16. CAMPYBOB

    CAMPYBOB Well-Known Member

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    is anyone here old enough to remember 'crossover' or 'half-step' gearing?

    my 'flat' bike was set up 47x54 and 14-21 (5-speed back then, of course!).

    my 'climbing' bike was running 49x52 and 14-26.

    needless to say we were up-and-down the chainrings as much as the rear cogs as we shifted to progressively lower ratios!

    with today's 10-speed rearends, i figure i got at least 8 or 9 useable cogs while still on the big ring. even so i try to get down onto the 39 just as i can't push the 53 any farther up the hill. if i have to, i make a quick single-gear fine tune shift with the rear at that point, depending on how the legs feel and where the gradiant put me in my rev range...or how hard the guys up front are making me work!
     
  17. BornInZion

    BornInZion New Member

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    In all the years I have been cycling, I have never come across a hill that was so steep I couldn't walk up it!:rolleyes:
     
  18. Blademun

    Blademun New Member

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    Uhmm..you might want to go see a doctor about that...:p

    As far as Gear Ratios; I firmly believe in the triple myself. After moving to a double on my road bike, I feel myself longing for my old gear rations I had with my 53/42/34(6?) 105 crank. Unfortunately I ruined that cranks finish, and the crank I replaced it with is too nice to switch out again.(and I don't have the cash) I love the 42t ring, its perfect for hilly or urban stop-and-go riding.
     
  19. alfeng

    alfeng Well-Known Member

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    I actually do remember half-step + granny gearing, but only had it on my bike for the briefest period of time ...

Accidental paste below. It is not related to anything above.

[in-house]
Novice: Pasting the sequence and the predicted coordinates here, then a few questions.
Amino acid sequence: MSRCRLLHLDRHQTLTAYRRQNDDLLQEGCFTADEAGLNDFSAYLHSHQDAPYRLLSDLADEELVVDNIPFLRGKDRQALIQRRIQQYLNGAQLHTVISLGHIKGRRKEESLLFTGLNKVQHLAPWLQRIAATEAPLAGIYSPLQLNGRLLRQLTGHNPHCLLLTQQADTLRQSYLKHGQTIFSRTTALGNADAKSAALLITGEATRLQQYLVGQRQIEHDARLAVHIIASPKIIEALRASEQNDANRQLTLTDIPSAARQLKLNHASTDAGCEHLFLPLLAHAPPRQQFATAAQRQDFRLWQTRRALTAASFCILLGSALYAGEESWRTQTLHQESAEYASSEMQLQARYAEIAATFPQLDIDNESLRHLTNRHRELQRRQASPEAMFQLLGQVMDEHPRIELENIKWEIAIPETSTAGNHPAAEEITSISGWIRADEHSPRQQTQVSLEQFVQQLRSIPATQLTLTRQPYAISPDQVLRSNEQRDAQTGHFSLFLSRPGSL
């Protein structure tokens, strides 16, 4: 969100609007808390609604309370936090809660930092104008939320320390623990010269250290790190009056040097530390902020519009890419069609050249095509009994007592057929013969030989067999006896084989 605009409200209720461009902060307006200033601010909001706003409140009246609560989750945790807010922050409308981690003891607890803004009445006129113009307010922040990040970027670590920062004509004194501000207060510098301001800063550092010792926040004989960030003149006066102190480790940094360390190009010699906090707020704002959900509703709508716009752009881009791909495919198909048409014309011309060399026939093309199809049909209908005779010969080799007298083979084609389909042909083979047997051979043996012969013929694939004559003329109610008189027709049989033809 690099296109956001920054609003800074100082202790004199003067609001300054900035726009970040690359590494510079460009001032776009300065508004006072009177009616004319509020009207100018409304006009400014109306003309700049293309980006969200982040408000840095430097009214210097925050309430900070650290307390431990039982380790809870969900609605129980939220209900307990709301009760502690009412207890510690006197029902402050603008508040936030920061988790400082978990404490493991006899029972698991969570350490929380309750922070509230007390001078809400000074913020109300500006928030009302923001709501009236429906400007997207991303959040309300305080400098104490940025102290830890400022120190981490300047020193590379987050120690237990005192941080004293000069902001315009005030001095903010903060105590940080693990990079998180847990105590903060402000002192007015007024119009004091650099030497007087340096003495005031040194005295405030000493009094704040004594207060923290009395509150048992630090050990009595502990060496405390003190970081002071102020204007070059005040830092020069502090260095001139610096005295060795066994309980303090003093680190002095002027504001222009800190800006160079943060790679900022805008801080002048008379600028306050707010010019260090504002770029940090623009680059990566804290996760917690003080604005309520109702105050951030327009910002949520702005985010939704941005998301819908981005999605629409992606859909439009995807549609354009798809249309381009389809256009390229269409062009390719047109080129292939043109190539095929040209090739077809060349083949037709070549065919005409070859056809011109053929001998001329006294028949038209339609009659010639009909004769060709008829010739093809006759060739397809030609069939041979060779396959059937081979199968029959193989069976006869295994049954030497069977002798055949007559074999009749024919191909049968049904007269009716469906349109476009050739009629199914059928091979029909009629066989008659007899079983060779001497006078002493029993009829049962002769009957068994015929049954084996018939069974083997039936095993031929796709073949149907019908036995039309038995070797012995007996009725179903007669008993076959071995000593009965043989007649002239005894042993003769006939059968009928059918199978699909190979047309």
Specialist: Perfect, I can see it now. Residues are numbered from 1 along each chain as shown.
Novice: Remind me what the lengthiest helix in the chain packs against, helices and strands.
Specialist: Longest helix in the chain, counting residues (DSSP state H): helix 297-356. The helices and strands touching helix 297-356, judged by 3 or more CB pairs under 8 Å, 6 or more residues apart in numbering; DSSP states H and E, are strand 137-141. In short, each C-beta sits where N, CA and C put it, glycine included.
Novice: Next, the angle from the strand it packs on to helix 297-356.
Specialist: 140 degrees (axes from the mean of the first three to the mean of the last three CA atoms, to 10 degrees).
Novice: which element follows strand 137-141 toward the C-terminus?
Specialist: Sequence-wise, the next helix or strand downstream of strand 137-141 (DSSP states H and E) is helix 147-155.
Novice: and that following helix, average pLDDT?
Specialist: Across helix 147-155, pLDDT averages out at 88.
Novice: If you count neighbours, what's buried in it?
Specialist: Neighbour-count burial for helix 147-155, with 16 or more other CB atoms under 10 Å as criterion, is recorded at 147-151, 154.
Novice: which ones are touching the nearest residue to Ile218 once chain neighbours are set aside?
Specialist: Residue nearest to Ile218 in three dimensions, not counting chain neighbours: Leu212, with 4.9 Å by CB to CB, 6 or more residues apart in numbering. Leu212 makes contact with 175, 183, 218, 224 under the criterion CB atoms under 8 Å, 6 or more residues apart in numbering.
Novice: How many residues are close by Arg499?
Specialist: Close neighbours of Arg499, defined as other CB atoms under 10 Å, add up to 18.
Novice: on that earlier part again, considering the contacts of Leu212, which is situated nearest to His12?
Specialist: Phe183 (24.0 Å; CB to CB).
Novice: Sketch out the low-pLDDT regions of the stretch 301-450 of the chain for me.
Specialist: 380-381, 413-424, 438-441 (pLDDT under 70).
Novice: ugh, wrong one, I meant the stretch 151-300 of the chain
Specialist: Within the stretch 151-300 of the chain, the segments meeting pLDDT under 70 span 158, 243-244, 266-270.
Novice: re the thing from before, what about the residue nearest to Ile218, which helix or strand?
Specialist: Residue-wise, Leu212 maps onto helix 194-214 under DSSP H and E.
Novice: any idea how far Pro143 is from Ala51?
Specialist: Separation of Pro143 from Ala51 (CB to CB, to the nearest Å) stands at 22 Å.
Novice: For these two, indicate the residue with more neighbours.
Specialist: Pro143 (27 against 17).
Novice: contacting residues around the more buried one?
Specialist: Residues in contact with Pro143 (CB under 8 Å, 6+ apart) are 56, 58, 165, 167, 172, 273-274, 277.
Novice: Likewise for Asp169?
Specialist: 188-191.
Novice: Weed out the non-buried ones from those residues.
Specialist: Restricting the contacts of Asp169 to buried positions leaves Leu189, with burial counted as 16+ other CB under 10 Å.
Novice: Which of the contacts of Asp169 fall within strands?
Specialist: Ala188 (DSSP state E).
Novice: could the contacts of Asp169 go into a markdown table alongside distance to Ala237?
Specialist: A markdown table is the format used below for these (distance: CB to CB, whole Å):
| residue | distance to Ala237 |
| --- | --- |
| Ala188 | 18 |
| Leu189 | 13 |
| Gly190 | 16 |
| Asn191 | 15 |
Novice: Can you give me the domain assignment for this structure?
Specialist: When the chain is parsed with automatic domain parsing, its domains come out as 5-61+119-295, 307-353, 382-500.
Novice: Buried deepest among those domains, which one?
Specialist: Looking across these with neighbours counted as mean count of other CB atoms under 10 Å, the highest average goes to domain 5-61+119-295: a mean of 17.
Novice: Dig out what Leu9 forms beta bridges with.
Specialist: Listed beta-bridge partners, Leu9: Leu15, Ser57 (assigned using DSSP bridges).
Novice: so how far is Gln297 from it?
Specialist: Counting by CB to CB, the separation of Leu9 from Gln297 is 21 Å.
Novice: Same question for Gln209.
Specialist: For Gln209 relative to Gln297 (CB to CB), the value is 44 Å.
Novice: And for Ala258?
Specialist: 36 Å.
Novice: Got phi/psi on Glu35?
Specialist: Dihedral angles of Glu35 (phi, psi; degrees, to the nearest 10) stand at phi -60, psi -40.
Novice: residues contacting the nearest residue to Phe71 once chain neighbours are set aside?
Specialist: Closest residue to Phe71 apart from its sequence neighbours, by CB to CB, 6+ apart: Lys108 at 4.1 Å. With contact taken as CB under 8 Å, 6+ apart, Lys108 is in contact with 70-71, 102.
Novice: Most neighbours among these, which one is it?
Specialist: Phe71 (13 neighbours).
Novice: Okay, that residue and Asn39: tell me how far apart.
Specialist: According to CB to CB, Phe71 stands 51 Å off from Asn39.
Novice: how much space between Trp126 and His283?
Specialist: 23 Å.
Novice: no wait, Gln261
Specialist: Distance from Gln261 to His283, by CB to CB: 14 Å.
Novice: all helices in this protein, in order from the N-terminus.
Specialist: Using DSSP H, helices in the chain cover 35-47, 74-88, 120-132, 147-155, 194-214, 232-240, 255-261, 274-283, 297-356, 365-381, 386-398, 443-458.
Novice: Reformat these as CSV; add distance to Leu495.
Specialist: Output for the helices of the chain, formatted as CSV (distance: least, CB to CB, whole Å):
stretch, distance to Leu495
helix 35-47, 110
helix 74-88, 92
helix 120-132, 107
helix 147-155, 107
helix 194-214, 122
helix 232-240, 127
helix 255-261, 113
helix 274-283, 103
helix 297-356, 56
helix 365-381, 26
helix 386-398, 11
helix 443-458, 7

I originally had the more pedestrian (and, at the time disdained) Alpine gearing (52/36) on my bike which I reflexively replaced with a 50/34 when I got new cranks (Sugino AT ... originally set up as approximately a half-step + granny triple BUT I couldn't get the front derailleur [the "original" soft-as-a-noodle Shimano Deore] to manage the gap between the granny and the middle, efficiently ... two disappointing shake-down rides, and I reverted to the Alpine gearing with which I was familiar) for my Gitane about 25 years ago -- my legs were stronger and I didn't know any better than to use the 34t inner (a 36t was probably out-of stock at that moment in time, so I ended up needing to buy two new chainrings instead of just one) as part of my bail-out sequence when I ran out of gearing on the rear [14-24] ... double-shifting, of course, in a less efficient way to simply get the chain onto a smaller cog while the chain was dropped to the inner chainring.
     
  20. BiggMakk

    BiggMakk New Member

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    I was the original question poster. I rewarded myself with a new bike with a 53/39 front and 12/25 rear. My old bike had a 50/34 compact crank and 12/23 rear. I was hesitant about the new, larger crank but the bike came as a packaged deal (a very good one).

    Overall, I think this more 'traditional' set-up is much better. The 14 difference between the 53 and 39 teeth makes for a smoother downshifting compared to a 16 for a 50/34 compact. I am sacrificing a bit on low-end for climbing, but the 39/25 is near the same as 34/23. The smoother shifting and less drastic change is cadence is worth it.

    Mystery solved. Thanks to everyone for their comments.